Multicellular development is a sequence of genetically programmed, intricately linked micro- and macroscopic events that start from a single cell - zygote - and lead to the formation of a functional individual, primed for survival and reproduction. All developmental events, fromgene expression to cell division, differentiation andmigration, as well as tissue and organ formation, have to follow a precise temporal and spatial order, as the smallest mistake can be detrimental. Development is remarkably reproducible, despite occurring under a wide variety of environmental conditions, such as nutrient availability and temperature, and being subject to a substantial amount of molecular noise. In this thesis, we use the nematode worm Caenorabditis elegans as a model system to investigate i) how the timing of development adjusts to changes in the outside world and ii) how organisms respond to external stresses that do not support normal developmental progression. C. elegans is an ideal model organism to address these questions, due to its simplicity, stereotypical developmental pattern and the vast extent to which its biology and genetics are known.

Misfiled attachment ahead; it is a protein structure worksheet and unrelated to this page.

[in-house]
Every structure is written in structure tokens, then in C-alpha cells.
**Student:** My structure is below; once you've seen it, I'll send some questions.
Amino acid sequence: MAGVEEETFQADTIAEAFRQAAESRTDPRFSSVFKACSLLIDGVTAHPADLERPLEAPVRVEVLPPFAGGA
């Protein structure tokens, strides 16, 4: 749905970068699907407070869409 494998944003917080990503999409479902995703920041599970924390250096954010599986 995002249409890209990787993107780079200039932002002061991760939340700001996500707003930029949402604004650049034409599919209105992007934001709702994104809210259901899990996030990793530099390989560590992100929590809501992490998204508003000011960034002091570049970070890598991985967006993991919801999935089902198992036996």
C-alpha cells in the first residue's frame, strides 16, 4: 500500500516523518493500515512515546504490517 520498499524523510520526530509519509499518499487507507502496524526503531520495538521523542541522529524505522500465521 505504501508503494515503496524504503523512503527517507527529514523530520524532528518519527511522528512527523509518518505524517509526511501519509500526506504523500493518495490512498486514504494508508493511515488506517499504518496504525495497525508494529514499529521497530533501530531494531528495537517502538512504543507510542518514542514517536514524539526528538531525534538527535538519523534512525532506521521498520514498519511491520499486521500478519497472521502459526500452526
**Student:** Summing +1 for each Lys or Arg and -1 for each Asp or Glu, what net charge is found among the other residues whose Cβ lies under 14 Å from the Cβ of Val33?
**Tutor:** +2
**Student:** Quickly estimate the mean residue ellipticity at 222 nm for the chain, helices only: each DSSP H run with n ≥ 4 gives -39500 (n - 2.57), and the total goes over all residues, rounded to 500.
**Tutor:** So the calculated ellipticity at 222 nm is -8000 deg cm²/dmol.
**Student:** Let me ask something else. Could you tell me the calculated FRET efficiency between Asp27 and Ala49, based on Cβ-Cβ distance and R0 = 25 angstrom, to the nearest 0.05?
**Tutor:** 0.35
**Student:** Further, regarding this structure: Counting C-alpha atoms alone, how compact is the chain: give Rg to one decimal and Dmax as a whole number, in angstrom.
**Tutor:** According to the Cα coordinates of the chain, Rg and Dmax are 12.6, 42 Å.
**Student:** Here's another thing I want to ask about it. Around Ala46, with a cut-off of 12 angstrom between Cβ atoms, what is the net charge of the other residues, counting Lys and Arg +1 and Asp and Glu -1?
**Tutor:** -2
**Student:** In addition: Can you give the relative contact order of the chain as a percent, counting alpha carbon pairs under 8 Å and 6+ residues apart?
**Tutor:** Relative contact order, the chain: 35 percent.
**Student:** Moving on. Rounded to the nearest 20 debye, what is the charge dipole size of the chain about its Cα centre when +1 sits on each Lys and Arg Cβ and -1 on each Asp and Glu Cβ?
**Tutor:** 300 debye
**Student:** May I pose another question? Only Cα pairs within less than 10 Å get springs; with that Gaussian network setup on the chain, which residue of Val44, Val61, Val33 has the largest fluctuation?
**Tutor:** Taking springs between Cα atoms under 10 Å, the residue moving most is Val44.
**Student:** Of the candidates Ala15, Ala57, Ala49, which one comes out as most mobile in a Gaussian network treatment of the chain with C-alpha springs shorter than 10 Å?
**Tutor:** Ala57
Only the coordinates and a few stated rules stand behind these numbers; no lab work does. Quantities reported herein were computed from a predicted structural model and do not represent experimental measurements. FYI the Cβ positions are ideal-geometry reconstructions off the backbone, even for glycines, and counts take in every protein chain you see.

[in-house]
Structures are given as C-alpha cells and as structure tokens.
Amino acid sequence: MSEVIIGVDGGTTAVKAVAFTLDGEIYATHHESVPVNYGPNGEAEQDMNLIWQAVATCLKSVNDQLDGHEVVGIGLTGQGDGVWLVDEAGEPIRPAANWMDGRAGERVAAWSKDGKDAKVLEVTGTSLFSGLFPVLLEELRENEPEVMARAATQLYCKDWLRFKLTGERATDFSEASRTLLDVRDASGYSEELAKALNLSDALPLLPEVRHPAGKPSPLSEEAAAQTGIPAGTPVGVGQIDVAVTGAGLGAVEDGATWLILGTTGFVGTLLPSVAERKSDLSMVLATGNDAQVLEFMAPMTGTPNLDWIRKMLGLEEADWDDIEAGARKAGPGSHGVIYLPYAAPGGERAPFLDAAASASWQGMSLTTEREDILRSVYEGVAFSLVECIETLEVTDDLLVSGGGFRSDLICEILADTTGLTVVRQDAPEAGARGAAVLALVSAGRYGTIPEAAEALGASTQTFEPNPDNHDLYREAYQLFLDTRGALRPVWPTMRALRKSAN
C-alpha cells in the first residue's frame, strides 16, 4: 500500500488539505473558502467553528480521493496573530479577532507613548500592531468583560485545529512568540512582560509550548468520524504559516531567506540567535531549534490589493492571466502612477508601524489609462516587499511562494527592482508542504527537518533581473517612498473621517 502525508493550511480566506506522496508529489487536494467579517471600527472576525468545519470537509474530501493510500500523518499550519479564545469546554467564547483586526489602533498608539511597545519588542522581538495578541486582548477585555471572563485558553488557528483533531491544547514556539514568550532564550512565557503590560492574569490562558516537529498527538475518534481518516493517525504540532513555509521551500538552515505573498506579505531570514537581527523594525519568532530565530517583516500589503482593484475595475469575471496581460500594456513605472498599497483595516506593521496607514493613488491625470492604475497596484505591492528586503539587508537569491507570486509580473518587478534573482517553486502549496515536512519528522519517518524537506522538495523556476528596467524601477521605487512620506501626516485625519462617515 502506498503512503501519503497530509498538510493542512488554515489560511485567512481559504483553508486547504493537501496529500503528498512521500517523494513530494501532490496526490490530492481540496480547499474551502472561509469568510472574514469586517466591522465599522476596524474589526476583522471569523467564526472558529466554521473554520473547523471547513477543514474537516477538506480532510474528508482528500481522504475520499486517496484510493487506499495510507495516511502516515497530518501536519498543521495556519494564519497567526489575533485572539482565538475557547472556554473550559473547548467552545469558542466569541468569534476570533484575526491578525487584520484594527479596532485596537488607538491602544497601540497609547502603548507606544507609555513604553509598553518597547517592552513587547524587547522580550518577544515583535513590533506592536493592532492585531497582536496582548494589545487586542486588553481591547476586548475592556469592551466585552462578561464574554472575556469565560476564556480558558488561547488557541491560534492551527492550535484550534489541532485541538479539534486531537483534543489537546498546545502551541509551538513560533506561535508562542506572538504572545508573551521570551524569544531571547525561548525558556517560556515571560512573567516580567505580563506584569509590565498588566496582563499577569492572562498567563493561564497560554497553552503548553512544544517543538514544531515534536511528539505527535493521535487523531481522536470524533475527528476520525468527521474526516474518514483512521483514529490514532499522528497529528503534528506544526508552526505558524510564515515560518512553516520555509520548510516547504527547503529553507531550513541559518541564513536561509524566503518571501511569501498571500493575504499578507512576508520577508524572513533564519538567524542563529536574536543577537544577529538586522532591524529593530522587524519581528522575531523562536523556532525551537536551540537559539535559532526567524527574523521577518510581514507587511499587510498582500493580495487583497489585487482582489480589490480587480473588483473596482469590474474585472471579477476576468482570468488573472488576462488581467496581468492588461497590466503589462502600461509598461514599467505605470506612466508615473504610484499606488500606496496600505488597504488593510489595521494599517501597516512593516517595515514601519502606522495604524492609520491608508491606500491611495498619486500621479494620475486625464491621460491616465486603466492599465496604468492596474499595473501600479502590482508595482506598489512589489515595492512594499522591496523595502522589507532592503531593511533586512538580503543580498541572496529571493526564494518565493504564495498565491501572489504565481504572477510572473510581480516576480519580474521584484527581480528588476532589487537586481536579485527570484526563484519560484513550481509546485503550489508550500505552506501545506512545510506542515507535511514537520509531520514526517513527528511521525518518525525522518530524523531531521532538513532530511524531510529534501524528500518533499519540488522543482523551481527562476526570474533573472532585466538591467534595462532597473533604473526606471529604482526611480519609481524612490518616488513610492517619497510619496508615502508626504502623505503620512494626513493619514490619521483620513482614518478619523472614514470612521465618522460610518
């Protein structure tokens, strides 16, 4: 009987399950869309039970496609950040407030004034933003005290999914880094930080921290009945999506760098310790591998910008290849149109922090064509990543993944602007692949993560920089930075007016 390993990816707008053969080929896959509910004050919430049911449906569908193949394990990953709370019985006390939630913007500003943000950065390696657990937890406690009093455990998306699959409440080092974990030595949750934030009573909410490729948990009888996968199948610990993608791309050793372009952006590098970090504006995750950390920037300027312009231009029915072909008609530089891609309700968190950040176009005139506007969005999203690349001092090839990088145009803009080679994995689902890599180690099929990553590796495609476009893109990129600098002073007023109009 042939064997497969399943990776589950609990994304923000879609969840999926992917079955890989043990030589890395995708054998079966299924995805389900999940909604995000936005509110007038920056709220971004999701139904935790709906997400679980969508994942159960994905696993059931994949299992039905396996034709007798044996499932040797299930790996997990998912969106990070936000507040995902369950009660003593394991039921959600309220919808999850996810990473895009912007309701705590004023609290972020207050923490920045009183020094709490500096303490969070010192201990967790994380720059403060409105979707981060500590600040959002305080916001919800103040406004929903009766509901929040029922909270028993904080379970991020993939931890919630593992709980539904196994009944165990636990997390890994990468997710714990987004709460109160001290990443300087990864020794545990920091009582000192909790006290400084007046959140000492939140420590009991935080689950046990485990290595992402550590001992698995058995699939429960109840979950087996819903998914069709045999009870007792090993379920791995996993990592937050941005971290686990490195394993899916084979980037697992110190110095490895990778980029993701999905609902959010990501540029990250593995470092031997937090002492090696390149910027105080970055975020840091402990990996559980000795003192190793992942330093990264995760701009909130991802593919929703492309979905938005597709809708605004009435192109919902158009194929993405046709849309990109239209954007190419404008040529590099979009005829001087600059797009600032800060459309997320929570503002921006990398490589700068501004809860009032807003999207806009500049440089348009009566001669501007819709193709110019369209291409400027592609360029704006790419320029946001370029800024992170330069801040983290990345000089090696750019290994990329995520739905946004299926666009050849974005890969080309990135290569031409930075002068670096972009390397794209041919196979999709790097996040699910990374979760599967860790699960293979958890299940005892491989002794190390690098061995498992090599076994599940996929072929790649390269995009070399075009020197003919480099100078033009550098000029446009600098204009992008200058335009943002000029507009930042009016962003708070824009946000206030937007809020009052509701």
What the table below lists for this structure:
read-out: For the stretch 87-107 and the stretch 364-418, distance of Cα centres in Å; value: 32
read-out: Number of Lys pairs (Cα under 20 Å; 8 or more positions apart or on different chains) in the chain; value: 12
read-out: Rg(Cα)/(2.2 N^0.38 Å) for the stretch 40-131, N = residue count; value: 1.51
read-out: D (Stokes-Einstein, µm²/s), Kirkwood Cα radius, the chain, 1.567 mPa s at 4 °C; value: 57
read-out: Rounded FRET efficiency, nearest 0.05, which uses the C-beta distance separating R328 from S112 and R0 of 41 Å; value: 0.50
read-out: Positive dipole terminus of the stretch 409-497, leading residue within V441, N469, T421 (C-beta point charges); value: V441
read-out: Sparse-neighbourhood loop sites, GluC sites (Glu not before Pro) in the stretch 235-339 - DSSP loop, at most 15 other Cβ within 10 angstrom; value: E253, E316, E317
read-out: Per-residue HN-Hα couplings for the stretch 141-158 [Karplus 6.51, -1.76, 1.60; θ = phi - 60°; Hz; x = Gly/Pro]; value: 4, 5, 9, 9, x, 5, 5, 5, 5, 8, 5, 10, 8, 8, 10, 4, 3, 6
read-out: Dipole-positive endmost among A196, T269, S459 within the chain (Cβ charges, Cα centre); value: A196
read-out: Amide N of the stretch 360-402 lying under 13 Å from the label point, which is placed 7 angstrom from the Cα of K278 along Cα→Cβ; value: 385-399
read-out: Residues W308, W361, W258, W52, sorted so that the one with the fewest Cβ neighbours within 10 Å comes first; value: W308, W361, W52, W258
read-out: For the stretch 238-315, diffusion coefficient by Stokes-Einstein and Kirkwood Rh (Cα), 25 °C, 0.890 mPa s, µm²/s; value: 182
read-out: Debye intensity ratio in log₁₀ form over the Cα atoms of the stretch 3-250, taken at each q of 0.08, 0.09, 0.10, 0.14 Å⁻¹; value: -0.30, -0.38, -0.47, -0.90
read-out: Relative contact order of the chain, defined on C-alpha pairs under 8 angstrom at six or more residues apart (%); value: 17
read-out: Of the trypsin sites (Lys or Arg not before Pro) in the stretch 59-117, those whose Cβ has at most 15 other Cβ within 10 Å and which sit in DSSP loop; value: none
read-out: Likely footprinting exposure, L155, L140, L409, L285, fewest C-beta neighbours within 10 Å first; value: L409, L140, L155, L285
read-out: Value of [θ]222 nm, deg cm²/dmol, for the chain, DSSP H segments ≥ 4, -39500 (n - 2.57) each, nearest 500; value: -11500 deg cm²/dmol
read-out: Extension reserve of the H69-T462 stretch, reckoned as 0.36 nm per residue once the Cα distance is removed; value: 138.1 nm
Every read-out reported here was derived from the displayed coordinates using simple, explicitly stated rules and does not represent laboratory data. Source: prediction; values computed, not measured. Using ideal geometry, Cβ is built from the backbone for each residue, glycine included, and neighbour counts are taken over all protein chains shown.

|Qualification||Doctor of Philosophy|
|Award date||31 Mar 2021|
|Publication status||Published - 2021|